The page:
3b) The second article, by Meron Rappaport in Ha’aretz, is even more interesting in the context of the story of Silwan. It looks at efforts to coordinate the archaeological heritage of Israel and Palestine in case of a future final agreement. Professor Nazmi Jubeh, a member of the Palestinian archeological negotiating team, encapsulates the potential of archaeology to integrate the rich histories of the peoples of the region in support of peace, despite the current barriers. While the article calls it “surprising” that he would advocate for such a position, it seems he is simply reflecting the ethics of archaeology untainted by politics: “…he thinks the very fact that doubts are raised about his readiness to preserve Jewish finds pulls the ground from under him as an archaeologist. By raising these questions, you present Israel as having singular ownership of the Muslim history in Israel,” Jubeh says. “The history of this land is the sum of all the histories of the people who lived in it. The Roman period does not belong to the Romans. You will not want the synagogue at Na’aran to be dismantled, just as I will not want to dismantle the Jazar Mosque in Acre. You cannot deprive me of the Jewish past of this land. It belongs to everyone.
A separate peace by Meron Rapoport, 14 April 2008 at http://www.haaretz.com/hasen/spages/973870.html
4. Two articles on Israel’s 60th Anniversary by Uri Avnery
4a) Manifest Destiny? 12 April 2008
“There is no escape from the inevitable conclusion: the government is not working for peace. It does not want peace. And, also, that there is no effective parliamentary opposition pressing for peace, nor any pressure from the media.
What does all this mean? That there is no agenda? No, it means that behind the fictitious agenda, which appears in the media, there hides another agenda that does not meet the eye.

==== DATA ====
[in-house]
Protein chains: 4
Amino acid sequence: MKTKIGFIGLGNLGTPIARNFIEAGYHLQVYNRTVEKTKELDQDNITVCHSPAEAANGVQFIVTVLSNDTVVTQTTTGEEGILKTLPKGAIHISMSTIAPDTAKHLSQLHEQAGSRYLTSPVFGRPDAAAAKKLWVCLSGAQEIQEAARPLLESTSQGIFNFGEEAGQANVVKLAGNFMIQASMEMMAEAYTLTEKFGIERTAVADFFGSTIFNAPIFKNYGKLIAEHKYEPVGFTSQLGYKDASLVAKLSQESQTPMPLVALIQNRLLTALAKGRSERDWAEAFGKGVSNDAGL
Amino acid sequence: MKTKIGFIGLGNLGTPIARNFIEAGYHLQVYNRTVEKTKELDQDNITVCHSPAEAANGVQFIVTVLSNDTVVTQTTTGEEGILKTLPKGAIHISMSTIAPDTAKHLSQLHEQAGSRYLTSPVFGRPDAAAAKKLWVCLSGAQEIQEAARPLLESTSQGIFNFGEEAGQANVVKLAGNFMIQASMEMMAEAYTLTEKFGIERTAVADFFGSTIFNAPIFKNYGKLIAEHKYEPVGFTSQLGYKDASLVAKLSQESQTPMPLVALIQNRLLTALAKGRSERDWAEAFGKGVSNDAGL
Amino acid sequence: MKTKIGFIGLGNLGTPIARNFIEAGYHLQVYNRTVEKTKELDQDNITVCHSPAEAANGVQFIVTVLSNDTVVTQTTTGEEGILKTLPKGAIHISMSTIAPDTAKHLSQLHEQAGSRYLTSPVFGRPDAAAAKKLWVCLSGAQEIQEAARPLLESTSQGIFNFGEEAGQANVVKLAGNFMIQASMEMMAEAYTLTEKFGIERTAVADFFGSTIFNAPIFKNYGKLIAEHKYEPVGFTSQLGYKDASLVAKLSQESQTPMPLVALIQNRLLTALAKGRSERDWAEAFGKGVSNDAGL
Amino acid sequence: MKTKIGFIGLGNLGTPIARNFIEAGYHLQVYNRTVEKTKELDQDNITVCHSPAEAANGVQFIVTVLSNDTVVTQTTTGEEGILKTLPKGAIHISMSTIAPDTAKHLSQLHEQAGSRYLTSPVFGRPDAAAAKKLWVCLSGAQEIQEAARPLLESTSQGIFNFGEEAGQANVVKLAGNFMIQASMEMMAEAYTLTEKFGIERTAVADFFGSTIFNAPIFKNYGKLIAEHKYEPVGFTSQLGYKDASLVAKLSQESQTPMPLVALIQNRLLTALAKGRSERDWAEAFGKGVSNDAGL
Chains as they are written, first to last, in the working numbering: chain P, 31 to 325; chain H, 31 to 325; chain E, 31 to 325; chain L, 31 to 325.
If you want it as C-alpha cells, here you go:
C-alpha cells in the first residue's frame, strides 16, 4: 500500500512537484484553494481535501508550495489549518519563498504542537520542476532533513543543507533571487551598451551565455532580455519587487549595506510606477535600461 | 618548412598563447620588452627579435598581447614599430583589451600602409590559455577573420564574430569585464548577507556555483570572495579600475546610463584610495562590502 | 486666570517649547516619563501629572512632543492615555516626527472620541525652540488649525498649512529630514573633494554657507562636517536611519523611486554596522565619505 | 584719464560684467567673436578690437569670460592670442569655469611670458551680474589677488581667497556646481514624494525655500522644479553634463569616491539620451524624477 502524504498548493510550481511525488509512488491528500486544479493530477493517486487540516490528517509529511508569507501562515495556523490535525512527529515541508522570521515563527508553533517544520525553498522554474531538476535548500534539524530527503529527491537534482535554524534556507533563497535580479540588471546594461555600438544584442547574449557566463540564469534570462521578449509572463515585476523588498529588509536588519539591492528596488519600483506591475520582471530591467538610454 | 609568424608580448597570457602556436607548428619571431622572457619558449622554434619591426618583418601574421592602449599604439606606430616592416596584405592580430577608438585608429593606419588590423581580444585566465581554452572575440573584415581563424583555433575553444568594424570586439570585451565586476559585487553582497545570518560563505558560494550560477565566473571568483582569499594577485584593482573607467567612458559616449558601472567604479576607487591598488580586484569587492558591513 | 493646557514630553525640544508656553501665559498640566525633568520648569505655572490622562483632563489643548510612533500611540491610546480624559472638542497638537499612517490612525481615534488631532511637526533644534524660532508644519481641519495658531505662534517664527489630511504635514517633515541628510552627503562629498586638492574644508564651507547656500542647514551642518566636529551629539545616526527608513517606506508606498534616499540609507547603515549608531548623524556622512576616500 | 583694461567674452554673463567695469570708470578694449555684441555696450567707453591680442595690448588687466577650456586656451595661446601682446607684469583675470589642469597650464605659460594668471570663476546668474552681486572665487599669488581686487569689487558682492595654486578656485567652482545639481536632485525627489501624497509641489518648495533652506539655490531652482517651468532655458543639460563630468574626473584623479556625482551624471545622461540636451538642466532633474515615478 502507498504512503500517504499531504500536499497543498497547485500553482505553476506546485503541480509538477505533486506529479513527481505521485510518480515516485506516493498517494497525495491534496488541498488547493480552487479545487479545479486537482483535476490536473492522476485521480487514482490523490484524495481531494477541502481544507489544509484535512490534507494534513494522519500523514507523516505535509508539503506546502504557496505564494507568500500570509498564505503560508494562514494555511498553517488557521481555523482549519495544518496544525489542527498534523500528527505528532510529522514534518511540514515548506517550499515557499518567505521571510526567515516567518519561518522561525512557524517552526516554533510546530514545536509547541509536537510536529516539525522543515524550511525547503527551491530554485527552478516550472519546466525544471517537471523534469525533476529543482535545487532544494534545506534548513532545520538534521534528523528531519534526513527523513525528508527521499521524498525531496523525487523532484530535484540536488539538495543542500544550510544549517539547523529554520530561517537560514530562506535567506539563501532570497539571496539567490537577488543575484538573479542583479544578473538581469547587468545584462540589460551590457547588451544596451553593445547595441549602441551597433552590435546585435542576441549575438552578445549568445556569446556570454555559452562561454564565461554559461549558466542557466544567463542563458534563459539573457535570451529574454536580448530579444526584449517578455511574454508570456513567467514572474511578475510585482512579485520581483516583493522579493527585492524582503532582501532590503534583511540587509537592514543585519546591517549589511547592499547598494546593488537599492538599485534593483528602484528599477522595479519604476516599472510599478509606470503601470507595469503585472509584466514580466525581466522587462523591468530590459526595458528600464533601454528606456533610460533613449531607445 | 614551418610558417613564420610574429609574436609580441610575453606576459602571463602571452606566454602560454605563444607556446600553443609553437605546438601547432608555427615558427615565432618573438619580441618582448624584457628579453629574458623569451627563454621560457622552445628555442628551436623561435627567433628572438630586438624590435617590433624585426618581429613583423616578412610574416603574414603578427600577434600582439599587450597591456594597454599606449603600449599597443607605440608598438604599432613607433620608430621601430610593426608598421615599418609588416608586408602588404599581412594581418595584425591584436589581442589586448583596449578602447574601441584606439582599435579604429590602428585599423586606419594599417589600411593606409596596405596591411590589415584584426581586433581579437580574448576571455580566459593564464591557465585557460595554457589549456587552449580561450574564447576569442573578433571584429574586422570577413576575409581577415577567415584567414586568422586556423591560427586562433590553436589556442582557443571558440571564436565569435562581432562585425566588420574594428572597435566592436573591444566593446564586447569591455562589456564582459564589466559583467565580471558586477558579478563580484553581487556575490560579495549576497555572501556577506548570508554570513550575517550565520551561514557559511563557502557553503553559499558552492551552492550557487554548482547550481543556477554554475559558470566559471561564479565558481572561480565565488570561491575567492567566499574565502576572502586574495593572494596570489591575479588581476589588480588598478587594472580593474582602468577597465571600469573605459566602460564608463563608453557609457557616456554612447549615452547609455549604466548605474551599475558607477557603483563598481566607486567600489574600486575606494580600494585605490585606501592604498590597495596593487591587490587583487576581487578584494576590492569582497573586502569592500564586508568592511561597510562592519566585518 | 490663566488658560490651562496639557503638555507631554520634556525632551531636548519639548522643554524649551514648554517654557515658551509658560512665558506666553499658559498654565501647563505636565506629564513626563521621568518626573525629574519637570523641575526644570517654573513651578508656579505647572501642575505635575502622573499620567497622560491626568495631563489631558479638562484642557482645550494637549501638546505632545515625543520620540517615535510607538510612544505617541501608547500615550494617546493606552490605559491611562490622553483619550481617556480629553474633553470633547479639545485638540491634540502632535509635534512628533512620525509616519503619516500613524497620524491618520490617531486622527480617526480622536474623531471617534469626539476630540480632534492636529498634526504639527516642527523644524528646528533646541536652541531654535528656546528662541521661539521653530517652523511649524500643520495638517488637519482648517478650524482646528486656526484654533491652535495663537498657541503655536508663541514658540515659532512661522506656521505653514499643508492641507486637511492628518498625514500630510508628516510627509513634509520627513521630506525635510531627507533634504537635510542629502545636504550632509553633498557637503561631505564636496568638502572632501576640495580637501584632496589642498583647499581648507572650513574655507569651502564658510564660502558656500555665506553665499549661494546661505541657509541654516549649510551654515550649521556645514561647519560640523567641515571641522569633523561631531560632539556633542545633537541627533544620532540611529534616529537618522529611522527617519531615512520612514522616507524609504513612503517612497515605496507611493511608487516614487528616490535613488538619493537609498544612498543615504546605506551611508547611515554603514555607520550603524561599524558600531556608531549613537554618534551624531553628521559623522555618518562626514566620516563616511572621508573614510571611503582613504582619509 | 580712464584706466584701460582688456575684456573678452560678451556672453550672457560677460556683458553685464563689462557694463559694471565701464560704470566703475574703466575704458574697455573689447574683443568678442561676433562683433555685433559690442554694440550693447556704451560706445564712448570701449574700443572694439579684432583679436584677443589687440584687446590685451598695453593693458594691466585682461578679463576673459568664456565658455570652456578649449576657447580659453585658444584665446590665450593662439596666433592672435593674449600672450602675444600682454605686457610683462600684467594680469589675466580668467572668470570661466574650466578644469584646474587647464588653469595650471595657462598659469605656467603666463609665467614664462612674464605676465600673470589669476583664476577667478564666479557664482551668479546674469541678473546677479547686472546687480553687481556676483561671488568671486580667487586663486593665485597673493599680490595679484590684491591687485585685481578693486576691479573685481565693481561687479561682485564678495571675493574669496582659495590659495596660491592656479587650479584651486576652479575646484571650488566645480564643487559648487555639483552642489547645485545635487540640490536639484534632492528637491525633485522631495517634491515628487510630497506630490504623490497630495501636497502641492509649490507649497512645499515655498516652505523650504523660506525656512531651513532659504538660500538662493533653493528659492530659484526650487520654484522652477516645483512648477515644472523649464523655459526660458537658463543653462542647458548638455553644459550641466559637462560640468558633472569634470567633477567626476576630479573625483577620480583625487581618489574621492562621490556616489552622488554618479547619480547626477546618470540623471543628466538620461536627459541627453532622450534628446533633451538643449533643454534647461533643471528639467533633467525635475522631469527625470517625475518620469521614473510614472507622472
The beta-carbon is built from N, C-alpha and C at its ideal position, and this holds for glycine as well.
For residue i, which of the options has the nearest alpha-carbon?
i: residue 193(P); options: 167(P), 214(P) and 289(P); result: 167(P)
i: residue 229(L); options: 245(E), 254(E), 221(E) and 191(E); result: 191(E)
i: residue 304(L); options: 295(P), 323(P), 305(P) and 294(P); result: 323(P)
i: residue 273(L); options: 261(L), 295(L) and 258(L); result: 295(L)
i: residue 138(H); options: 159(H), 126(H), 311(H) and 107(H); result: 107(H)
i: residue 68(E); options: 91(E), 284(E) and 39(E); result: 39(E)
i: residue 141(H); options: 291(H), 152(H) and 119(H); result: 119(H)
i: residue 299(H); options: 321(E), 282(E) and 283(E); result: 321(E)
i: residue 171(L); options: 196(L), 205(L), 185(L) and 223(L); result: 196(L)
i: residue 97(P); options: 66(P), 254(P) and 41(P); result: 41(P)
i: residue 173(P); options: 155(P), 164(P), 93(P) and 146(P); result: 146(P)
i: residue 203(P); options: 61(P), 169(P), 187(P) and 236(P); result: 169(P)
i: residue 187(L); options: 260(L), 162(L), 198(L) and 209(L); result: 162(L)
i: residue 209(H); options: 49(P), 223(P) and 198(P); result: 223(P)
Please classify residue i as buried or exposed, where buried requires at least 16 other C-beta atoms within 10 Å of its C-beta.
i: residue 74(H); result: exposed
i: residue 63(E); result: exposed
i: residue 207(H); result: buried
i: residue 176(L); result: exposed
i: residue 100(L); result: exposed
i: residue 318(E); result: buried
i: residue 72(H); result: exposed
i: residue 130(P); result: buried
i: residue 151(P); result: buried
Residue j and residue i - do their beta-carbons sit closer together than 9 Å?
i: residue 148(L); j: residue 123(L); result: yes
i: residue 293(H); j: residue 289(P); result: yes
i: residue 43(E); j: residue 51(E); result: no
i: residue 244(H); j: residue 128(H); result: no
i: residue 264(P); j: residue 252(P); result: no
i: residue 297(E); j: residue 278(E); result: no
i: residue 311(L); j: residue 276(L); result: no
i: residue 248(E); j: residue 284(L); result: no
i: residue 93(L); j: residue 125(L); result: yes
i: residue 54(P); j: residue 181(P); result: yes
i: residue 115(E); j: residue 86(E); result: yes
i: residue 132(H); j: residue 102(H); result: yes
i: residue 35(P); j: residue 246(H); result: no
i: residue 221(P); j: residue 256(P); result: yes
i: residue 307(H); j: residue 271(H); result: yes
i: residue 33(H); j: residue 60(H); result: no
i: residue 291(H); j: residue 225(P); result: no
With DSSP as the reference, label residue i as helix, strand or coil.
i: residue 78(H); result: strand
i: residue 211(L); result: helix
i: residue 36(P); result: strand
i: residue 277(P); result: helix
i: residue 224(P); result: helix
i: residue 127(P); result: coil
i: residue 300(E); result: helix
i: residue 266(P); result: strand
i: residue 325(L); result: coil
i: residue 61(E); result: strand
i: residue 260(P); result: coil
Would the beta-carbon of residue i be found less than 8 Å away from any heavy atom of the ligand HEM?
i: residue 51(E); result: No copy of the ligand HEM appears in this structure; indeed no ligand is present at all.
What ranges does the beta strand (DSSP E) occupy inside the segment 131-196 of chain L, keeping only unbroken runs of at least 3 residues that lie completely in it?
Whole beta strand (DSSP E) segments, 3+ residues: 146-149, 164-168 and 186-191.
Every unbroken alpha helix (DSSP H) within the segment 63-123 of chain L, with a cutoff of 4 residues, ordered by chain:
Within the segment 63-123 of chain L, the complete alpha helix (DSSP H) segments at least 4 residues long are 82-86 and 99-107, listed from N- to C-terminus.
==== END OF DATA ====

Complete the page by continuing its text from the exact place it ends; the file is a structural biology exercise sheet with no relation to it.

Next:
THE HIDDEN agenda is opposed to peace. Why?”
Full article at http://zope.gush-shalom.org/home/en/channels/avnery/1208037443
4b) “… Namely the State of Israel” 3 May 2008
“WITH THE 60th Independence Day approaching, a committee sat down to choose an emblem for the event. The one they came up with looks like something for Coca Cola or the Eurovision song contest.
The real emblem of the state is quite different, and no committee of bureaucrats has had to invent it. It is fixed to the ground and can be seen from afar: The Wall. The Separation Wall.”
Full article at http://zope.gush-shalom.org/home/en/channels/avnery/1209841842
5. The Jewish Chronicle
5a) JfJfP’s Pesach advert in the Jewish Chronicle, 18 April 2008
As you are probably aware our ad appeared in the Pesach edition of the JC with over 400 signatories. A photo of the ad can be viewed at http://www.jfjfp.org/images/JC_ad_080418.jpg – please ask if you’d like the pdf.
5b) the JC’s response: leader
An editorial attacking it appeared in the same issue and a couple of paragraphs were tacked on to a report about the Ham & High taking a paid ad from the BNP where the JC editor explained why he was willing to take our money for an offensive ad! These are given below. There were also a large number of letters published on it the next week and the week after. They can be found in full at http://www.jfjfp.org/archive/pesach-ad_jc2008.htm
Editorial Pesach politics 18/04/2008
If everything is political, then how much more so a festival whose main theme is one of liberation. Pesach has much contemporary relevance, especially when we consider Tibet’s struggle for autonomy, the political turbulence in Zimbabwe and, yes, the search for a peaceful and equitable solution to end the Israeli-Palestinian conflict. But this does not mean that the festival should become a cynical lever for interested parties to exploit. This week, consistent with our policy not to censor lawful ads from Jewish organisations, the JC is running a full-page plea from Jews for Justice for Palestinians which rather crassly appears to equate “the bitterness of slavery” with the situation in Gaza. This, they imply, is “the enduring message of Pesach”. In Israel itself, the strictly Orthodox parties have chosen to make political capital over whether goods containing chametz can be sold openly during Pesach or not. Having been thwarted in their intention of banning such goods during the festival, Shas is threatening a terrible revenge for next year. And in Jerusalem, as they have done for the last two decades, residents will be drawing their water from sources other than the Kinneret just in case some inconsiderate fishermen had thrown their sandwiches into the lake, thus making it treif. All of the above goes a long way to distorting both the spirit and the unique meaning of this festival. The JC wishes all its readers a happy and reflective Pesach.